Quarantine Logs 2020-04-20
I’m going to try to do this weekly. I’m not the kind of person to be able to pull out a full-fledged technical project with a write-up every week (last week was more of a half-finished technical project with a full-fledged write-up, to be honest), so a lot of these weekly posts will be a lot more chill. Tomorrow, I have my very last final exam of my undergrad (go me!) so this one is going to be one such chill post.
It turned out to be a big list of recommendations.
First, a couple of shoutouts are in order.
- My friend Eugene, who mostly inspired my new glut of posts. Whenever I’d text him some of my thoughts he’d say “you should write a blog post about it”. And that’s right, I should. A lot of the things I say or think about are lost forever after I forget about them, and I really enjoy writing stuff. So I owe it to him for prodding me to actually do this. Go and read his post about bad automatic translation.
- My friend Dmitry, who gave me some good feedback on this website’s CSS; I’m still working on it.
- A (non-public) friend who commented on my Facebook share of the circuits post with some really useful advice about how to proceed with it.
- All of the people whom I’ve been in calls with during the course of this pandemic. Thanks so much for your time.
Here’s some things I’ve found interesting this week:
- 8051Enthusiast/regex2fat: Turn a regular expression into a FAT32 file system.
- Tackling Climate Change with Machine Learning, by Rolnick et. al. This looks to be a fantastic starting point for any aspiring researcher or anyone searching for machine learning projects to do. I see it as a springboard—one reads it by finding topics in the paper that are interesting and checking that section’s references to find out more.
- One section of this paper (the one about CO₂ removal) led me to check out a bunch of applications of ML in computational chemistry. Checking the references led me to the paper Automatic chemical design using a data-driven continuous representation of molecules by Gómez-Bombarelli et. al., showing a method of generating molecules for chemical design (for things like drug discovery) using RNN-powered variational autoencoders.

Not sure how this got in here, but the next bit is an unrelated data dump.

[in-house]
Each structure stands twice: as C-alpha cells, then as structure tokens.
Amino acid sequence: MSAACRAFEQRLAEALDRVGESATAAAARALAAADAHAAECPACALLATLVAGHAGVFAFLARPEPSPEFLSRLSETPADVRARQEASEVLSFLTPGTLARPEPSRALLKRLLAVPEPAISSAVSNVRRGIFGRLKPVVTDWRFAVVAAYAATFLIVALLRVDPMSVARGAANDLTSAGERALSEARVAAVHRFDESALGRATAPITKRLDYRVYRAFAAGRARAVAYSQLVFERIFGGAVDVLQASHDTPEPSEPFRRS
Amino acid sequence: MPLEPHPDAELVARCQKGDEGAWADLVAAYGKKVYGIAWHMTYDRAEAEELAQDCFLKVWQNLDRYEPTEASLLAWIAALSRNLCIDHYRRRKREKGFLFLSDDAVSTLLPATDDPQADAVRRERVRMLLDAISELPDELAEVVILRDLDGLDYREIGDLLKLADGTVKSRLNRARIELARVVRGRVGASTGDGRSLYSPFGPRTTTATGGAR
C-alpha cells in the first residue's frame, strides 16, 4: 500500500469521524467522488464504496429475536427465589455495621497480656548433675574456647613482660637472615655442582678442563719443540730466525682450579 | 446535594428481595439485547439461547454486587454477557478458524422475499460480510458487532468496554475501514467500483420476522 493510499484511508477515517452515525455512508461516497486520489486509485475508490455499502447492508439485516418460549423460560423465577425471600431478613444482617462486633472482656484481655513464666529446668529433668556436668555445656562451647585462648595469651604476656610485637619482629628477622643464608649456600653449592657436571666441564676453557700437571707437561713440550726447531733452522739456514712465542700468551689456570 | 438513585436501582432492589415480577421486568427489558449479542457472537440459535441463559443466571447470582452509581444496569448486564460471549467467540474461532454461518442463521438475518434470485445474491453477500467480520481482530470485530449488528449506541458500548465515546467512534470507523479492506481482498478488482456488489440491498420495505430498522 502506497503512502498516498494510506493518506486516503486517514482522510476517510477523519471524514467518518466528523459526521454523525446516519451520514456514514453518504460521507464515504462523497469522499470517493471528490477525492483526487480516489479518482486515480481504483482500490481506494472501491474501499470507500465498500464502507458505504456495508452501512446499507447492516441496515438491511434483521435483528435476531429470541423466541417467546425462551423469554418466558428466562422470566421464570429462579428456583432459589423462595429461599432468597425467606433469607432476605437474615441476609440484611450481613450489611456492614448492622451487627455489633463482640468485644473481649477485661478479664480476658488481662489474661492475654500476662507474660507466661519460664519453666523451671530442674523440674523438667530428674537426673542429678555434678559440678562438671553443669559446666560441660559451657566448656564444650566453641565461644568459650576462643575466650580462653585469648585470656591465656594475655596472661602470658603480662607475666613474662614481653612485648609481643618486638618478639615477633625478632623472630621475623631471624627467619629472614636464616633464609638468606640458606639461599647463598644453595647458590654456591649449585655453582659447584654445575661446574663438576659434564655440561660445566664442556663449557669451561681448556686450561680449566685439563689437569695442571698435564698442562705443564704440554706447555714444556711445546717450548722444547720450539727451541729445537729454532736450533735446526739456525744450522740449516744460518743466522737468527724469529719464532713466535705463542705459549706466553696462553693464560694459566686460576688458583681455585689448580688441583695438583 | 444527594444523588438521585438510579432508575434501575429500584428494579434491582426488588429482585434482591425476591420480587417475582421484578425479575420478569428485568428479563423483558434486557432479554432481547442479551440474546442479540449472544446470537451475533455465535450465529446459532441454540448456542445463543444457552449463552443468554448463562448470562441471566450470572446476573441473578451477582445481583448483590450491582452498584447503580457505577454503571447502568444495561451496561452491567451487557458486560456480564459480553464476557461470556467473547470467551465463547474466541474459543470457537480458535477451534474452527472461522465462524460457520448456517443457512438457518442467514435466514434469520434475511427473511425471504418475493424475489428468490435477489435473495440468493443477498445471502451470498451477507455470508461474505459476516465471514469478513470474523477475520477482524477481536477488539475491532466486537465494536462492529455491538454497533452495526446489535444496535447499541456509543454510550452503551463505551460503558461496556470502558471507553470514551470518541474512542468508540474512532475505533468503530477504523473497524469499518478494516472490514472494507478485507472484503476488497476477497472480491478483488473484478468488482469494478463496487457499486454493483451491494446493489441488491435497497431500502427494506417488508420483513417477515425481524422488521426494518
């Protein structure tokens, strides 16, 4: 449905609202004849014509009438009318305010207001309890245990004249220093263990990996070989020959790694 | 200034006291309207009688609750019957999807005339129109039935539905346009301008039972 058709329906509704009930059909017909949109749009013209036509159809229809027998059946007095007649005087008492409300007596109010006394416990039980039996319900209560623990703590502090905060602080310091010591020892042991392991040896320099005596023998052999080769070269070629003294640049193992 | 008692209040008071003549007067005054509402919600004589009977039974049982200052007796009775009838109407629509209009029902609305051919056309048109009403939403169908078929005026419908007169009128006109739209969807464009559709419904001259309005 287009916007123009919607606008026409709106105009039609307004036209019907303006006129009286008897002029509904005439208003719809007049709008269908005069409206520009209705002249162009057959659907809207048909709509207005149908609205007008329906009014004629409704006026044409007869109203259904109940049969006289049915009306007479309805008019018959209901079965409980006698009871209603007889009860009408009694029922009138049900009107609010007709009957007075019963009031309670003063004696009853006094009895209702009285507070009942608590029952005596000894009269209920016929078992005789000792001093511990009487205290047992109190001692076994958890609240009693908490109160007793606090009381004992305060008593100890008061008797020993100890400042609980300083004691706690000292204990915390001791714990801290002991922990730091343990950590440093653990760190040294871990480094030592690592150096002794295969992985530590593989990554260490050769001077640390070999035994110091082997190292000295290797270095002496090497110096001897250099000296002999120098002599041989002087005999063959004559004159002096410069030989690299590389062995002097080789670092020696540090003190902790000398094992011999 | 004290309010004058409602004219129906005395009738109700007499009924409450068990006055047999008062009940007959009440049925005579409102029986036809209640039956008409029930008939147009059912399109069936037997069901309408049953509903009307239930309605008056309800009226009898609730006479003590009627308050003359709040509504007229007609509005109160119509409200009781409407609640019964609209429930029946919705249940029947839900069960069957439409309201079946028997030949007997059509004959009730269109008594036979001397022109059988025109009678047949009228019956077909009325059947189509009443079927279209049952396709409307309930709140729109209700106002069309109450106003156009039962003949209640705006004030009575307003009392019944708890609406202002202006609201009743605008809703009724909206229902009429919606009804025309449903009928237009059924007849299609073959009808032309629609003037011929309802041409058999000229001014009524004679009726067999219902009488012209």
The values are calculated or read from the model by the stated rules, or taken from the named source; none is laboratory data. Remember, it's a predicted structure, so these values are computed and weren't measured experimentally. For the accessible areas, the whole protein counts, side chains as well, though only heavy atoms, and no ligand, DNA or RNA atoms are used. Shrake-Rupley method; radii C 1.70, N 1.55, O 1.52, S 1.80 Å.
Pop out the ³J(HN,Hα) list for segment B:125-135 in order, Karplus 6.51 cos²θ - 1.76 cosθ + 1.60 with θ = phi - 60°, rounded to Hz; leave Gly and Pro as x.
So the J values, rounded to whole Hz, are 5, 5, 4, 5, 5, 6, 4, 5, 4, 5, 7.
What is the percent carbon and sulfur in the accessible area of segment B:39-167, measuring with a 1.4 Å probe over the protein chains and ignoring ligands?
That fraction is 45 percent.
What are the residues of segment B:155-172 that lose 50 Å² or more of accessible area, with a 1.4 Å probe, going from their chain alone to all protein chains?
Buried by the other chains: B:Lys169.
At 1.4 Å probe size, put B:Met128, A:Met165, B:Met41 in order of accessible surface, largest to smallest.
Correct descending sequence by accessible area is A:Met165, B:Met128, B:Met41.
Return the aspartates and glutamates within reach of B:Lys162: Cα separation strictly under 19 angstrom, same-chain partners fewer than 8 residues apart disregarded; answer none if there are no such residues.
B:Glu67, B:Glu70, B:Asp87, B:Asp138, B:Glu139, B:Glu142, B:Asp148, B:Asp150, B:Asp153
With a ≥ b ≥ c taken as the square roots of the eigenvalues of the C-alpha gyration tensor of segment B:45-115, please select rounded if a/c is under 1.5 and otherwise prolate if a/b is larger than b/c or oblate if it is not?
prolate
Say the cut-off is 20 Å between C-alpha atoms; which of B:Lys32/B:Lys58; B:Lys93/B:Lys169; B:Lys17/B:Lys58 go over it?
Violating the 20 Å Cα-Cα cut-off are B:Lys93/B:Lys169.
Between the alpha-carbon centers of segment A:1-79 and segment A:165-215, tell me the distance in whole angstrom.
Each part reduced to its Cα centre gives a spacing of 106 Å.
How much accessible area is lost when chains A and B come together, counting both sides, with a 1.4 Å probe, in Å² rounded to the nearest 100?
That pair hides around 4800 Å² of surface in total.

- 3Blue1Brown’s video about the Riemann zeta-function where I learned a whole ton about analytic continuation and realized I still have much to learn about complex analysis.
- The trailer for Sea of Stars, an upcoming indie RPG. Long ago I dreamed of making my own high quality Chrono Trigger-style game, and it seems like this studio’s done it.
- Taking screenshots in Google StreetView.
- The “London Districts” YouTube channel which goes into the history and current state of the different districts of London. Really shows you the diversity of the place, and also the sheer size. Would that I could travel this season :(.
- In a similar vein, John Rogers’ YouTube channel which consists of him going on historical walks through London. Often a friend will join him and sometimes there’s a theme, like following the path of a plot of a particular historical book.
(More mainstream/polished) media I’ve been consuming:
- Tower of God. It’s just so well done. I am, on and off, also going through the original webtoon.
- Robin Hobb‘s work; for the past few months I’ve been reading the Realm of the Elderlings cycle. At this point I’ve read the Farseer trilogy, the Liveship Traders trilogy, and the Tawny Man trilogy. I recommend her work to anyone who wants to get into fantasy or anyone who likes good character writing in fiction in general.
- Bon Appétit’s YouTube channel. I admit I don’t have the ingredients or the motivation to follow along with most of the recipes but this is some of the best food content I’ve seen online. The ones where Chris Morocco recreates dishes from taste is sneakily more informative than the ones where any of the chefs straight-up go through recipes.